Co-Op mine managers said they will appeal the labor board’s latest decision. “We feel the NLRB’s ruling is discriminatory against a large portion of workers who deserve to participate,” Co-Op mine manager Charles Reynolds told the Salt Lake Tribune.

The mine owners have until December 2 to file their request for review with the National Labor Relations Board in Washington, D.C.  
Company harassment intensifies
With the Co-Op mine bosses losing ground, harassment and intimidation by management of UMWA supporters is accelerating on the job, say a number of miners.

Celso Panduro, a leader of the 10-month-long strike at Co-Op who was recently fired from his job at the mine, gave a report at the November 21 meeting. “I was fired because I support the UMWA,” he said. “They took advantage of the fact that I was sick and claimed I refused an order to do a job. This was a drastic move, and I’ve had a series of meetings with the company.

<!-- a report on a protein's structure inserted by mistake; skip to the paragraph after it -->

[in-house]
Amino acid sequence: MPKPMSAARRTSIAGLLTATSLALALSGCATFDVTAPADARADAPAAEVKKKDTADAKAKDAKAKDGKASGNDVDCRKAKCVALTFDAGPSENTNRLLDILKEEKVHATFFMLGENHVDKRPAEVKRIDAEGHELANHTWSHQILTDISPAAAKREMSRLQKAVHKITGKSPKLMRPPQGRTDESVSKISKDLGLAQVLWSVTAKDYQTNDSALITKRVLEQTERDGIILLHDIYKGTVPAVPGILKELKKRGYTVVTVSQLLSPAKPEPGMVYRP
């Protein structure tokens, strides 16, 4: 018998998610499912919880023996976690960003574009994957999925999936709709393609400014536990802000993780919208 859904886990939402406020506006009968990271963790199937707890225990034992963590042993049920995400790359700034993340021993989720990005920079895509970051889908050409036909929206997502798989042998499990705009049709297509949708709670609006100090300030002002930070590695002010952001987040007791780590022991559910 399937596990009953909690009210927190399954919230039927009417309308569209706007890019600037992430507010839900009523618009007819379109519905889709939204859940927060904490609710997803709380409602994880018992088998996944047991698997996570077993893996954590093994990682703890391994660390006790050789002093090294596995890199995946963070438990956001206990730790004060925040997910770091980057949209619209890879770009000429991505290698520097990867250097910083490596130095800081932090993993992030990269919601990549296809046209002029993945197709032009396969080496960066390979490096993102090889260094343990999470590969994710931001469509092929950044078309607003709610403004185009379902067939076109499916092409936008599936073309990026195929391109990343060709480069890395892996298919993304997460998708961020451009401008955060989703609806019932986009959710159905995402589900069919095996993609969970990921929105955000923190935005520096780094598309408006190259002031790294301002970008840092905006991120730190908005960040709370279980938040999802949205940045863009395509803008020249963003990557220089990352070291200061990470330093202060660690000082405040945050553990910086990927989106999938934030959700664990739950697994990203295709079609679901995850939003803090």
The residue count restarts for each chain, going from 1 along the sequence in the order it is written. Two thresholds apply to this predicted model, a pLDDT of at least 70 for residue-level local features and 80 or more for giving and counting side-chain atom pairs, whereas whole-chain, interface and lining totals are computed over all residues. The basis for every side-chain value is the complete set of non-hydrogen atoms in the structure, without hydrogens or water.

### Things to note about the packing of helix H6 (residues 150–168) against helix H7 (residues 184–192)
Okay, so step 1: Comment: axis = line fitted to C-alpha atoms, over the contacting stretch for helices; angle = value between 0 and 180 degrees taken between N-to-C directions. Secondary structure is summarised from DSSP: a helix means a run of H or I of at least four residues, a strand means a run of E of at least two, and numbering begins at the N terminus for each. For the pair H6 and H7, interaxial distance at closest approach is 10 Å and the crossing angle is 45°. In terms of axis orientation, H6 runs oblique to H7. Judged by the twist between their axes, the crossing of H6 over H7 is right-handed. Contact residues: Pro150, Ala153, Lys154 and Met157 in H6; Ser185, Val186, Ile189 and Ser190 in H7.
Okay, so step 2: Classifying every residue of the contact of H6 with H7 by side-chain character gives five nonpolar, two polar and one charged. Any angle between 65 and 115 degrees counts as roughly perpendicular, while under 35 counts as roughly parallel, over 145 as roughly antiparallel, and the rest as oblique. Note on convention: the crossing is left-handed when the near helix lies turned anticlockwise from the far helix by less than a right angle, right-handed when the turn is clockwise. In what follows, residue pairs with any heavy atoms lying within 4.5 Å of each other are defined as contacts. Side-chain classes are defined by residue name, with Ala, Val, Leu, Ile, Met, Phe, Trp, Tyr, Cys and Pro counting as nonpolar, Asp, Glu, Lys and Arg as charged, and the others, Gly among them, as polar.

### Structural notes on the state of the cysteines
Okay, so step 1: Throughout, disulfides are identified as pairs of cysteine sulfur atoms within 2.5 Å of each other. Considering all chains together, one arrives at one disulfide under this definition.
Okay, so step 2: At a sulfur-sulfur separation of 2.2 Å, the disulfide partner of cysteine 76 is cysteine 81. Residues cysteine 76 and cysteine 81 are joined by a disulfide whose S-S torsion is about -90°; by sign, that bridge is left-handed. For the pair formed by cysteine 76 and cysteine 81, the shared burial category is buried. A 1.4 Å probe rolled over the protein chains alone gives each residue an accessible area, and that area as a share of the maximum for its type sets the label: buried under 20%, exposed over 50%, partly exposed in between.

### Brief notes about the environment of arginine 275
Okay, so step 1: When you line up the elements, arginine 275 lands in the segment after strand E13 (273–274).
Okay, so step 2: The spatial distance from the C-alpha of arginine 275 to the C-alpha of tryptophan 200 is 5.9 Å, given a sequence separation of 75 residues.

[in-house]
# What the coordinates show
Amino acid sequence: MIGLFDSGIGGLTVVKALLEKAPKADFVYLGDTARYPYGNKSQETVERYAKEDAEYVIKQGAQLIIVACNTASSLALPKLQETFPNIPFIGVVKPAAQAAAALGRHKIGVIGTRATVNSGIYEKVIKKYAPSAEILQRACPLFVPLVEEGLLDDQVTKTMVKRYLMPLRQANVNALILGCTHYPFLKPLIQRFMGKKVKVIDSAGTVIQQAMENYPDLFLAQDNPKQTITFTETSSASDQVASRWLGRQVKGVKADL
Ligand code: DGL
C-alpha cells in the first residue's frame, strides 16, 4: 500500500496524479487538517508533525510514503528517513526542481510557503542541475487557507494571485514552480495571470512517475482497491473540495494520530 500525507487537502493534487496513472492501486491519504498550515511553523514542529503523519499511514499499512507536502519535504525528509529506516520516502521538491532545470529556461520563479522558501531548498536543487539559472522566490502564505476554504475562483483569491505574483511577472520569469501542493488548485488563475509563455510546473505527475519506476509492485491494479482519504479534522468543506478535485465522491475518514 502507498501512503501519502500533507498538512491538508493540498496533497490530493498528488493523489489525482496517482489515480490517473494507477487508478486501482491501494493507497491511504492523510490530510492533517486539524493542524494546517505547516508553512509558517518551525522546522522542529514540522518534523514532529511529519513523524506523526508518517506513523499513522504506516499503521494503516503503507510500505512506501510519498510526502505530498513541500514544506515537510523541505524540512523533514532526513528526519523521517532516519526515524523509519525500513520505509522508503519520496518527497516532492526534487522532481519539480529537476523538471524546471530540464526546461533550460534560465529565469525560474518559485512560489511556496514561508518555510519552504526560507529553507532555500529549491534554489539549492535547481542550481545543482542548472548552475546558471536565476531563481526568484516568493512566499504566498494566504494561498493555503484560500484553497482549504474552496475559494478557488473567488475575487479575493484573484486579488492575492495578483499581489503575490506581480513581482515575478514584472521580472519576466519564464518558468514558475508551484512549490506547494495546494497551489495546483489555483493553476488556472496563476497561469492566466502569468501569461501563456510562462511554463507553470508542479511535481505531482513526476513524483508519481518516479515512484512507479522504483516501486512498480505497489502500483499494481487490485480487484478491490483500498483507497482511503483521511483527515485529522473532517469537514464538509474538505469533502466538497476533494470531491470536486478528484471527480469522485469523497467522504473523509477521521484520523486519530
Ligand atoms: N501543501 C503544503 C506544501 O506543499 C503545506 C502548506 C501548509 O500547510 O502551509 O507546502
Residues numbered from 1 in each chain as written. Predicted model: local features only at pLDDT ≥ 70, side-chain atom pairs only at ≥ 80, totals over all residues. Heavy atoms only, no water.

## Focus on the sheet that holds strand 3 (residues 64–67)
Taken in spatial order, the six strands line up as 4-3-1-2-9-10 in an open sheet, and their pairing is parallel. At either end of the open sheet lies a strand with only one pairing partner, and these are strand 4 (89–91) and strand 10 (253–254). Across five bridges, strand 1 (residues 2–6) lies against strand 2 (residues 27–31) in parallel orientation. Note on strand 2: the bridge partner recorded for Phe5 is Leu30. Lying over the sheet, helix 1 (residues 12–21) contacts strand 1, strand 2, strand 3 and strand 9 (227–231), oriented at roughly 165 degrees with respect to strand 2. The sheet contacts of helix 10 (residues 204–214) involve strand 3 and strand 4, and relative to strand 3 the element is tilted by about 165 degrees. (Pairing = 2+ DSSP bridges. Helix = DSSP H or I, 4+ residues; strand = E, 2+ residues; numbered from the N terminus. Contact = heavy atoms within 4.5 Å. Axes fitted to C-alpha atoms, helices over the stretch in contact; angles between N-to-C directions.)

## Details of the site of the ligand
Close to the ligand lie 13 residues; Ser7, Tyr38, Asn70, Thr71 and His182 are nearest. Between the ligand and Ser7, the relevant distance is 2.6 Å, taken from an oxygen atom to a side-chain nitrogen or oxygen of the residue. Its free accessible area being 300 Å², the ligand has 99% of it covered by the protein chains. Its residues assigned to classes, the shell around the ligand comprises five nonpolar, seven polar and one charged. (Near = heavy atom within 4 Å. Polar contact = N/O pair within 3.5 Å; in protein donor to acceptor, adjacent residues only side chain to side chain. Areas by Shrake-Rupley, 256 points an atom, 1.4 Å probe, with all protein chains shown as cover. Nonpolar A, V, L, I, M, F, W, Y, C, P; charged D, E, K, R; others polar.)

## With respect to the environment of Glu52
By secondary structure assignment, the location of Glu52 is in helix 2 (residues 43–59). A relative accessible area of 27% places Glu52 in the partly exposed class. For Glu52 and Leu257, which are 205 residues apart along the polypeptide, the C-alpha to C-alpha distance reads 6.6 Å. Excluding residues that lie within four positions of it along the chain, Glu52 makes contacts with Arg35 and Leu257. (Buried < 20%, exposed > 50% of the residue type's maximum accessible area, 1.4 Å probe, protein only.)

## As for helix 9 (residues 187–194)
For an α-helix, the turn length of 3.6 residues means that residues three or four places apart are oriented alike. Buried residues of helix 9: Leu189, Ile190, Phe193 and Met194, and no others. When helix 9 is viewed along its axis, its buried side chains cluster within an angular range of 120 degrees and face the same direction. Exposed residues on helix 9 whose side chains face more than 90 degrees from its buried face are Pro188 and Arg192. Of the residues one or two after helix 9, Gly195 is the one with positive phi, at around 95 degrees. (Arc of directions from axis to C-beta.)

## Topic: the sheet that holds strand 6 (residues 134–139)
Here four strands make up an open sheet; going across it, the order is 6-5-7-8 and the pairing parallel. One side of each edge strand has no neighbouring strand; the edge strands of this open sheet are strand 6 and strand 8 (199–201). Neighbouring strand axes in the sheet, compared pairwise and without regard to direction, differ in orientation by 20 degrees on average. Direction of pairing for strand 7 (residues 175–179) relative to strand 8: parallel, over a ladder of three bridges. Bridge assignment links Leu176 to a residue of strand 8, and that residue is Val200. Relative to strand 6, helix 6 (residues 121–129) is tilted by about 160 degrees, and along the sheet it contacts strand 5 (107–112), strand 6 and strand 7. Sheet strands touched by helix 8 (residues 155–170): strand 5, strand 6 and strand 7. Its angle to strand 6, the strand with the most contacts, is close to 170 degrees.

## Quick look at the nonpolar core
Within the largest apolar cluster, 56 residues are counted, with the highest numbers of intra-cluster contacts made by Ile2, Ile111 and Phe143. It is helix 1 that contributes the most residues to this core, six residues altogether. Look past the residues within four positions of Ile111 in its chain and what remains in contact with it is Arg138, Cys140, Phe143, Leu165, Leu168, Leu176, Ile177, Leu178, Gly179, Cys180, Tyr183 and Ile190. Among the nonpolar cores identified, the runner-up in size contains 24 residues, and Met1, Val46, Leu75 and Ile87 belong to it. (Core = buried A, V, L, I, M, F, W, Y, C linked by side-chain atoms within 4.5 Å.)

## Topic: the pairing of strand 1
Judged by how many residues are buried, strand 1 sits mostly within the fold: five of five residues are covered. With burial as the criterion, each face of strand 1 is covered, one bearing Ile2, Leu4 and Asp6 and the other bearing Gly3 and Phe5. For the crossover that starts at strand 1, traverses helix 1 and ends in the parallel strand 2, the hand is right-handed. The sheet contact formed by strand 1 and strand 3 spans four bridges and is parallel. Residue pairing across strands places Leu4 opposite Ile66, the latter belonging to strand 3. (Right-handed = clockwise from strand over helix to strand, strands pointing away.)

“At the first meeting, eight bosses testified against me. At the final meeting, which took place last week, they told me they would give me two weeks’ pay if I would forget the whole thing. I refused and told them I’ll keep fighting to get my job back.

“They’re going to try to do this to other miners, but it’s important that we fight to make them think twice before they try firing anyone else, and to win my job back.” A petition was circulated at the meeting to be presented to the company stating that Panduro was unjustly fired and demanding he be reinstated.